Here at Making Sense, we’re lucky to work with a lot of different types of organizations— from healthcare companies to law enforcement. Each new project offers us valuable insight into not just the company we’re working with, but their industry as well. That gives us lots of food for thought.
After more than a decade developing projects in certain industries, we’ve come to know a lot about the pain points, the goals, and the culture of companies in those industries. We’ve also watched the rise of blockchains and we’ve come to a conclusion: of all the industries into which we get insight, these three seem most primed to benefit from the use of blockchain technology:
- Law Enforcement
Let’s take a look, shall we?
One area where blockchain can make a huge difference is healthcare. Patient records (Electronic Health Records or ‘EHR’) can be securely stored on a private blockchain where a patient’s vast network of disparate healthcare providers can share data on that person. Years of regulation have stifled innovation in EHR but blockchain may be the thing to finally push this area toward the future.
The ability to share EHR across networks can lead to several benefits, including better communication, fewer mistakes, better treatment, and better diagnoses.
- Better treatment: When each member of healthcare value chain sees the entire picture rather than only what’s in their own records, they get a better sense of what’s going on with a patient.
- Fewer mistakes: With the shared data on prescription drugs, healthcare providers are less likely to make drug interaction mistakes. Blockchain technology also eliminates the risk of different healthcare vendors holding outdated versions of a patient’s record.
- More insight: A blockchain can unify disparate information about a patient that might not ever come together and be seen as a whole by the various providers. That allows for a more holistic picture of a patient’s health, via lifestyle and other types of data points.
- Innovation: Since data can be accessed without giving away patients’ identity, researchers can tap into a whole new world of insight that can be used for advancements in healthcare.
Researchers at MIT have put a blockchain application to use at Beth Israel hospital. Called MedRec, the app tracked EHR of patients for six months and was so successful more pilot programs are sprouting up at other hospitals. The app integrates with different local data storage solutions already in existence at a diverse group of healthcare providers. It allows them to exchange EHR, it governs access, and helps with auditing. Researchers provide the mining in exchange for access to the data for research purposes.
Technology has already disrupted law enforcement. Just think of the impact of camera footage from police body cams and the evidence they provide. Authenticating that digital evidence is a problem, since any video editor with a minimum amount of expertise can alter footage to change the evidence. That makes it hard to use officer-worn camera footage as evidence in courtroom trials. Blockchain to the rescue — here’s how:
- Video data and metadata would be stored on a blockchain ledger (device that recorded the clip, where the footage was shot, time, etc)
- The blockchain would create a ‘hash’ for each clip, which is akin to a fingerprint. Even the most minute of changes means a different fingerprint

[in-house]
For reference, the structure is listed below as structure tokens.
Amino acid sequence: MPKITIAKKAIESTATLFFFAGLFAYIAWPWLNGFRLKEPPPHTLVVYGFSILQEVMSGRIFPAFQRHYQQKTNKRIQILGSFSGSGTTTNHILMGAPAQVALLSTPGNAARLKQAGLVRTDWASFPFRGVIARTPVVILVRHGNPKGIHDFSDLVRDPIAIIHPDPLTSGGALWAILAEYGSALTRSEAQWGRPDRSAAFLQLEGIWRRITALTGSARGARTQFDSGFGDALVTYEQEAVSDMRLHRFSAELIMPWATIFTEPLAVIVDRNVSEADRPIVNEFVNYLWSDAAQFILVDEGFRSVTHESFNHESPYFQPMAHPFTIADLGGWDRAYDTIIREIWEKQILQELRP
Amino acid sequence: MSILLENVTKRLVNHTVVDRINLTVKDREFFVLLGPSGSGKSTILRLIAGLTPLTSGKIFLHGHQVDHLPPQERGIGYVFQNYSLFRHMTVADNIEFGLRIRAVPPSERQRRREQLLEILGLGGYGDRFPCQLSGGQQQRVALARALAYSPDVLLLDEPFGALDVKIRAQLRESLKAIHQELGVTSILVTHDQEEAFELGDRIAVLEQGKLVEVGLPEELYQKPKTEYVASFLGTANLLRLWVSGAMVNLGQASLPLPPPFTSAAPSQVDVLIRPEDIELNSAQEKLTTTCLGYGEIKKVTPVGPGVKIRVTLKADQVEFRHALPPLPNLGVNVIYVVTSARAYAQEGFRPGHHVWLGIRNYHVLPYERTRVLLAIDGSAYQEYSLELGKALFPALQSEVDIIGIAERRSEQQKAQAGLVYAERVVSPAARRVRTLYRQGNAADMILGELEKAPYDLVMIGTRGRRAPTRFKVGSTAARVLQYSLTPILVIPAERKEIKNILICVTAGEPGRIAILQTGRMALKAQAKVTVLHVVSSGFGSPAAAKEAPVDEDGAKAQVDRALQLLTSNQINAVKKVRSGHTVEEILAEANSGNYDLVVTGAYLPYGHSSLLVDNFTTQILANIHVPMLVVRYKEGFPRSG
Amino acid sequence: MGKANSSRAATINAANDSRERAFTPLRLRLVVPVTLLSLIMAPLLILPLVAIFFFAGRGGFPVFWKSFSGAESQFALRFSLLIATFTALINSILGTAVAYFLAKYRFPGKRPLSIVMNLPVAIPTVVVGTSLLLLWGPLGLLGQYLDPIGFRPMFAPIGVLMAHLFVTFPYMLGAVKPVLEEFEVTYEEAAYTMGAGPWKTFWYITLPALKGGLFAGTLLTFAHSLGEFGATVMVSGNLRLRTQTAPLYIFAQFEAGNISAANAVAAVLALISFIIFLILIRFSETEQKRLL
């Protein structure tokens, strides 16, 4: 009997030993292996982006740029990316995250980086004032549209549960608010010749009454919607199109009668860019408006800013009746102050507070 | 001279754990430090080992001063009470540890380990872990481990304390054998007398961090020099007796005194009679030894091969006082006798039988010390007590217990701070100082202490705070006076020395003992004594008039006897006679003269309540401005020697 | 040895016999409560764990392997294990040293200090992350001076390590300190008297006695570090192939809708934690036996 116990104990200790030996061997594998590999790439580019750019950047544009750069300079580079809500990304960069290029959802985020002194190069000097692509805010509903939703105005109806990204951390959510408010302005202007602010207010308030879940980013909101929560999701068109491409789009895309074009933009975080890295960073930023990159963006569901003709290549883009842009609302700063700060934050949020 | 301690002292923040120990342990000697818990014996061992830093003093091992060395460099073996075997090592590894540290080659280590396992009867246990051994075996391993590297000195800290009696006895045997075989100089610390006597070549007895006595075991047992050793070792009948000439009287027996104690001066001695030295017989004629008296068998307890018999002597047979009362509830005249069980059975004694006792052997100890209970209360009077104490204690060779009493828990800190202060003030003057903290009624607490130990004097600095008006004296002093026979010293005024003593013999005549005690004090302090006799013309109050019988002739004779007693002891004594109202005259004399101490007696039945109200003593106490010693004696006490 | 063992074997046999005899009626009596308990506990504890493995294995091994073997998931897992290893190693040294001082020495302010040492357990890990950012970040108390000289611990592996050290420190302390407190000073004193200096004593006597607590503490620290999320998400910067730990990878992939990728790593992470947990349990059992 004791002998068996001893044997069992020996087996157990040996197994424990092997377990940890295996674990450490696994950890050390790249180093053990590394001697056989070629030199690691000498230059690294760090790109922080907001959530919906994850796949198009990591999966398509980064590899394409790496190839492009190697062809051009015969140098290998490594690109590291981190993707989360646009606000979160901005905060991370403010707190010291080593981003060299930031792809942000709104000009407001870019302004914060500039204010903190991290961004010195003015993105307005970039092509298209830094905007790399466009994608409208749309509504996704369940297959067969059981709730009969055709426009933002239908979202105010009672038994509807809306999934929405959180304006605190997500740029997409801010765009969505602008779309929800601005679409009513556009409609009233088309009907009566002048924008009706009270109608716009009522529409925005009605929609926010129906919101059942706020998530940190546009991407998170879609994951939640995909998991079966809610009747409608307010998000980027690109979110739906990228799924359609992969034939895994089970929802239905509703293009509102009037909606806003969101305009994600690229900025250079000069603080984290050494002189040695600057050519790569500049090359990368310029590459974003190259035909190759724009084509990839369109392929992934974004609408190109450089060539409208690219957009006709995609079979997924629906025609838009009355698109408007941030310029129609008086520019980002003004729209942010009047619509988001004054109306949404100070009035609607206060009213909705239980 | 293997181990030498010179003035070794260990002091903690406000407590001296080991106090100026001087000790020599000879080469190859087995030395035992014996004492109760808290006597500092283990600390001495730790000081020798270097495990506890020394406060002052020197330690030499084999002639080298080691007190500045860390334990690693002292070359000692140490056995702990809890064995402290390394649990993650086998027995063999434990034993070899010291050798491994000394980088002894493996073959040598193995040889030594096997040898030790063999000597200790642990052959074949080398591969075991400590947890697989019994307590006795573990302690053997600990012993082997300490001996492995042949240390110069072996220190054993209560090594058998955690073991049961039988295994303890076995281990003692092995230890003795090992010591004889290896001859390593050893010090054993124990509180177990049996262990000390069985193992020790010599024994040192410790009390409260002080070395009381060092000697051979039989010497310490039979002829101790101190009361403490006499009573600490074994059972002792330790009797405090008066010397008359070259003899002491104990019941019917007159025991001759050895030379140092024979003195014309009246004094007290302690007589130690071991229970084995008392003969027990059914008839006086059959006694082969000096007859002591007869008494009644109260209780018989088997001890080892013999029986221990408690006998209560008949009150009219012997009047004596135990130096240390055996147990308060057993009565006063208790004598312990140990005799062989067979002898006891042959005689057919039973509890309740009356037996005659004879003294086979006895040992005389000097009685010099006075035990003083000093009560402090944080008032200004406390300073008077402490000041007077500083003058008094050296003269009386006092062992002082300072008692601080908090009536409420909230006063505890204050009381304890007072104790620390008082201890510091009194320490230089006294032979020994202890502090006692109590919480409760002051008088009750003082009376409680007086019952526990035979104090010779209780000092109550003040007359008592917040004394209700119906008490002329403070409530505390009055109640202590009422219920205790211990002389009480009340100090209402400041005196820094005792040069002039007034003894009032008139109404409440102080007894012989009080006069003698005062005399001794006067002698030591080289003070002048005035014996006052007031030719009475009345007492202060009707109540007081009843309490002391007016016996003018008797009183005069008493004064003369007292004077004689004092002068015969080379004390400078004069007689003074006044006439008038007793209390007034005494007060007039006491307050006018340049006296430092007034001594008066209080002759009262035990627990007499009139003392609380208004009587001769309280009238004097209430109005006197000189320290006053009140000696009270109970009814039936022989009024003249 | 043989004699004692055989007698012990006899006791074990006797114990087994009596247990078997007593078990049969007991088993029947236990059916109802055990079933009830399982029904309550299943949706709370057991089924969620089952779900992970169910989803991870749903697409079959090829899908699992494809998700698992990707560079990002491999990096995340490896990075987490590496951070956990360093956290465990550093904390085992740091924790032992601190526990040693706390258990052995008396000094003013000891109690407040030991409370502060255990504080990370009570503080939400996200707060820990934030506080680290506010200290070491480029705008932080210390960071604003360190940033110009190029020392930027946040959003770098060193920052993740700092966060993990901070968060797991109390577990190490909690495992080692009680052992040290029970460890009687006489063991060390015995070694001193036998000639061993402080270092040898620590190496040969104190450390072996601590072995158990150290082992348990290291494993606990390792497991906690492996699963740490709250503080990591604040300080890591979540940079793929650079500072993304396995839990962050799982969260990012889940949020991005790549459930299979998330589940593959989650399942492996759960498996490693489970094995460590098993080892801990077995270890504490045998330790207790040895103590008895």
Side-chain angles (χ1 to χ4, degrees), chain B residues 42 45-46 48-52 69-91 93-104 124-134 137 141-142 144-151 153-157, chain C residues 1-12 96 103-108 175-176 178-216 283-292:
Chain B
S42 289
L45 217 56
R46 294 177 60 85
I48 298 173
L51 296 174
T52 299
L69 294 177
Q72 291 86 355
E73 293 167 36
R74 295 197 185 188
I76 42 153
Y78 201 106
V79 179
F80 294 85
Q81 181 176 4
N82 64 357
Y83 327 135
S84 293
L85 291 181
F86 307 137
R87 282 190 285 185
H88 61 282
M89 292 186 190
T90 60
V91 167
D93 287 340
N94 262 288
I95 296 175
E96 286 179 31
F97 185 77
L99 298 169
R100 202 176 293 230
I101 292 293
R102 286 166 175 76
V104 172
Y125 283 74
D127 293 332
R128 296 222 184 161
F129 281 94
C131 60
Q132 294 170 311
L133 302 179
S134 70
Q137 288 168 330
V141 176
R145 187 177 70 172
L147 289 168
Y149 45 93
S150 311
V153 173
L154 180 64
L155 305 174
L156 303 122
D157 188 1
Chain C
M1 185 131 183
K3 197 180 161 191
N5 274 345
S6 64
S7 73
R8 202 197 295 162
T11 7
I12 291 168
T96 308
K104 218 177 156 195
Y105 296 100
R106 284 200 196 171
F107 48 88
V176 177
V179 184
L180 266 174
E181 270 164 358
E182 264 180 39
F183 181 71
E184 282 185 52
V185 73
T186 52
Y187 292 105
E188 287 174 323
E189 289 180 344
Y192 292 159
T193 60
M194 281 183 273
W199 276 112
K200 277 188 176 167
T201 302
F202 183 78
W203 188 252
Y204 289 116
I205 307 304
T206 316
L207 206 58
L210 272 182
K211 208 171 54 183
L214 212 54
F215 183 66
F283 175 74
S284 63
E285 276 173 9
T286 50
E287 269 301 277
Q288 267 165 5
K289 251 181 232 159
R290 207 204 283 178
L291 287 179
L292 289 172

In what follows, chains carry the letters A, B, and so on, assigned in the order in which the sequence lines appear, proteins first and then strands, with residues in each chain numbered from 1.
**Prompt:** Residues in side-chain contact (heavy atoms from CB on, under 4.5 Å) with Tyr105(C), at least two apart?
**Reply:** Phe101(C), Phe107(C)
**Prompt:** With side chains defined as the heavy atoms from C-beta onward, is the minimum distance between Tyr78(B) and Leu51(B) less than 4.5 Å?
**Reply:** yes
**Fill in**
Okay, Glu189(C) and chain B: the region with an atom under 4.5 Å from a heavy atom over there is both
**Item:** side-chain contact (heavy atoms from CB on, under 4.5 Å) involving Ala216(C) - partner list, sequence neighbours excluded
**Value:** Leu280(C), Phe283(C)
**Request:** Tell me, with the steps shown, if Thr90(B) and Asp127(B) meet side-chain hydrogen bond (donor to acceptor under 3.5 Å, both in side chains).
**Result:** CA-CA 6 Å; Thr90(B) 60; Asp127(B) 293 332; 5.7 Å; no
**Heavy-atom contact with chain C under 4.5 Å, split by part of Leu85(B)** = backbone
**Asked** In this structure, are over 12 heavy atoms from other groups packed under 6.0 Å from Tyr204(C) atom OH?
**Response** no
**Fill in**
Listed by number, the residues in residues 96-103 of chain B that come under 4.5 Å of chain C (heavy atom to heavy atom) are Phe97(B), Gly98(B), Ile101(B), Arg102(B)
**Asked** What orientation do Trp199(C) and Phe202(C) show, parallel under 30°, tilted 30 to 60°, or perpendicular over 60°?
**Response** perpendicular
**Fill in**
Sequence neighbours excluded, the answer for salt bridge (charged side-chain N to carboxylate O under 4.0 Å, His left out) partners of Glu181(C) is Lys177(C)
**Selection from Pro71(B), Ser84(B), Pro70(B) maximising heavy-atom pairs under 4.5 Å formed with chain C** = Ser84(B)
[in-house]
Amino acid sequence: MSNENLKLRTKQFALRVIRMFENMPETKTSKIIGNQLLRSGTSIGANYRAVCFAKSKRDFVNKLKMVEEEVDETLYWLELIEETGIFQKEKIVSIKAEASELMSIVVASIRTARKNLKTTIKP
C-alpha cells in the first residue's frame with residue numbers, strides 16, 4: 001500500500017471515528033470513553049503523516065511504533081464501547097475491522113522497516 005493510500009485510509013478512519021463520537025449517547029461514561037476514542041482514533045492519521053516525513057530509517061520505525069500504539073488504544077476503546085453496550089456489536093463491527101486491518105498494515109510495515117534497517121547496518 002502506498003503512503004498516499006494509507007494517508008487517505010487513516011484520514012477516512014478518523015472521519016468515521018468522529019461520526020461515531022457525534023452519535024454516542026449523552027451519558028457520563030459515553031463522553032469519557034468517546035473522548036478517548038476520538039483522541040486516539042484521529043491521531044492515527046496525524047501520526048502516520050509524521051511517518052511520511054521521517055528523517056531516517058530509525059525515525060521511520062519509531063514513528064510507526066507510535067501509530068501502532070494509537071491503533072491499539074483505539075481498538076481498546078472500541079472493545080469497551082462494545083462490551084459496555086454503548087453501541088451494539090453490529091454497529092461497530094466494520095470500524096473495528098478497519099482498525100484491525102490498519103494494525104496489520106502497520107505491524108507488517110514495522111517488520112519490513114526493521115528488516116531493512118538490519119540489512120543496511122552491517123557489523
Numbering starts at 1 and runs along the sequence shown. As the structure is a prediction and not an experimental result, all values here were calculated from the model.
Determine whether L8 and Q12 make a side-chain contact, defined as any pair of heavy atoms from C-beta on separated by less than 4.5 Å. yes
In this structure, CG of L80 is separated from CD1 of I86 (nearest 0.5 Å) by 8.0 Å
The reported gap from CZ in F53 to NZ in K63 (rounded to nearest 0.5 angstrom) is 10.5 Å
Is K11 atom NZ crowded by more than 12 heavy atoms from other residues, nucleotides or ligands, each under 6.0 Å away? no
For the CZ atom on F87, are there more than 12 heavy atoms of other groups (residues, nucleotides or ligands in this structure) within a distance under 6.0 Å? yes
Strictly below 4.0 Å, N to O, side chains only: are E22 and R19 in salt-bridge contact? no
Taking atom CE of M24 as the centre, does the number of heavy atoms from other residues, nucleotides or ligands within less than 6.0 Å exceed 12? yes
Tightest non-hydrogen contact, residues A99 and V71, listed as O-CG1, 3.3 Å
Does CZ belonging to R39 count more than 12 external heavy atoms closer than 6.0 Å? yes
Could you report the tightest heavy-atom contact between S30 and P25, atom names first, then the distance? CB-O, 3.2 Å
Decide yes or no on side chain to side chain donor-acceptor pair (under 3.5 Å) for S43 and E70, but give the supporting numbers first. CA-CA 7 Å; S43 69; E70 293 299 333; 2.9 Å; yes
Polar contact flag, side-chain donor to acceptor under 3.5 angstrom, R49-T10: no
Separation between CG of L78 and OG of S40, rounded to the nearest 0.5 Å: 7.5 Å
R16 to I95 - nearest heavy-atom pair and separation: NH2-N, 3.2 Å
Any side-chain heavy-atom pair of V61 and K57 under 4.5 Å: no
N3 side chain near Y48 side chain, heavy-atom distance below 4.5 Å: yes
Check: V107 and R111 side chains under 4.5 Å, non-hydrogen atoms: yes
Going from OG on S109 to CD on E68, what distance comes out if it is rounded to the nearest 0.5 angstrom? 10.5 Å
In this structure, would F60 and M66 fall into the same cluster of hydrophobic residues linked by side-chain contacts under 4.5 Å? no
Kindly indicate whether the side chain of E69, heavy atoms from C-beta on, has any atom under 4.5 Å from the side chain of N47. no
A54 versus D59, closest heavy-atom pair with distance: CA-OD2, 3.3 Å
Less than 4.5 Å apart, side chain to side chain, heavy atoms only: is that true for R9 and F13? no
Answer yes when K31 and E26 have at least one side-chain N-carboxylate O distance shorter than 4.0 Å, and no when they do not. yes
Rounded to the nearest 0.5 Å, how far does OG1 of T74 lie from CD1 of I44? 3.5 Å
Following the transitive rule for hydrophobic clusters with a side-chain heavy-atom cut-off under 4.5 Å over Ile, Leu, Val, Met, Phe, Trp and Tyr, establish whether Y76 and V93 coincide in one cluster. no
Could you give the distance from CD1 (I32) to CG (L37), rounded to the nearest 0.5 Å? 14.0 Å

- Videos are uploaded to a public blockchain but only the police would be able to add to it
- Digital assets would be time stamped and the person who wrote the asset to the blockchain would always be identifiable
In the UK, the Ministry of Justice is already exploring using blockchain to authenticate officer-worn camera footage.
And already in the United States, there are blockchain solutions on the market for police departments who want faster access to information for their officers. COPsync Mobile, a product we’ve helped build, searches a hodge podge national network of databases to give officers vehicle registration information and criminal records of a vehicle’s owner, all in real time and with only the input of a license plate number.
(If you’d like to learn more about the Law Enforcement projects we’ve been involved, you can take a look at this article from our blog about the creation of Vidtac.)
For financial transactions, the beauty of the blockchain is that there’s no need for banks: you eliminate the middleman. For agriculture, the beauty of blockchain is that it allows all parties to see exactly who the middlemen are, and that each member of the supply chain is paid what they’re worth. That’s good news for farmers and retailers alike. Farmers need fair pay and retailers need to know they’re getting what they pay for.
The area of agriculture where blockchain has so far made the most impact is with supply chain transparency. For example, FarmShare uses blockchain tokens on a digital exchange where stakeholders trade food deliveries of locally-grown organic food.
Thanks to the accurate, trust-based ledger that keeps track of every step of a food’s journey, players will always know where their food came from and when. That’s important in an industry where so much value swings on the shelf-life of the products. It’s also increasingly important as consumers are becoming more aware of the importance of sourcing the food they eat.
A Final Word…
These three examples of exciting uses for blockchain technology are only the beginning. There are far more sectors where blockchain is also being used already, such as finance and insurance. There’s also the future, as leaders wake up to the possibilities and developers work to make those possibilities come to life. We’re excited to be a part of it all and we look forward to new possibilities and partnerships ourselves, in our own little corner of the world.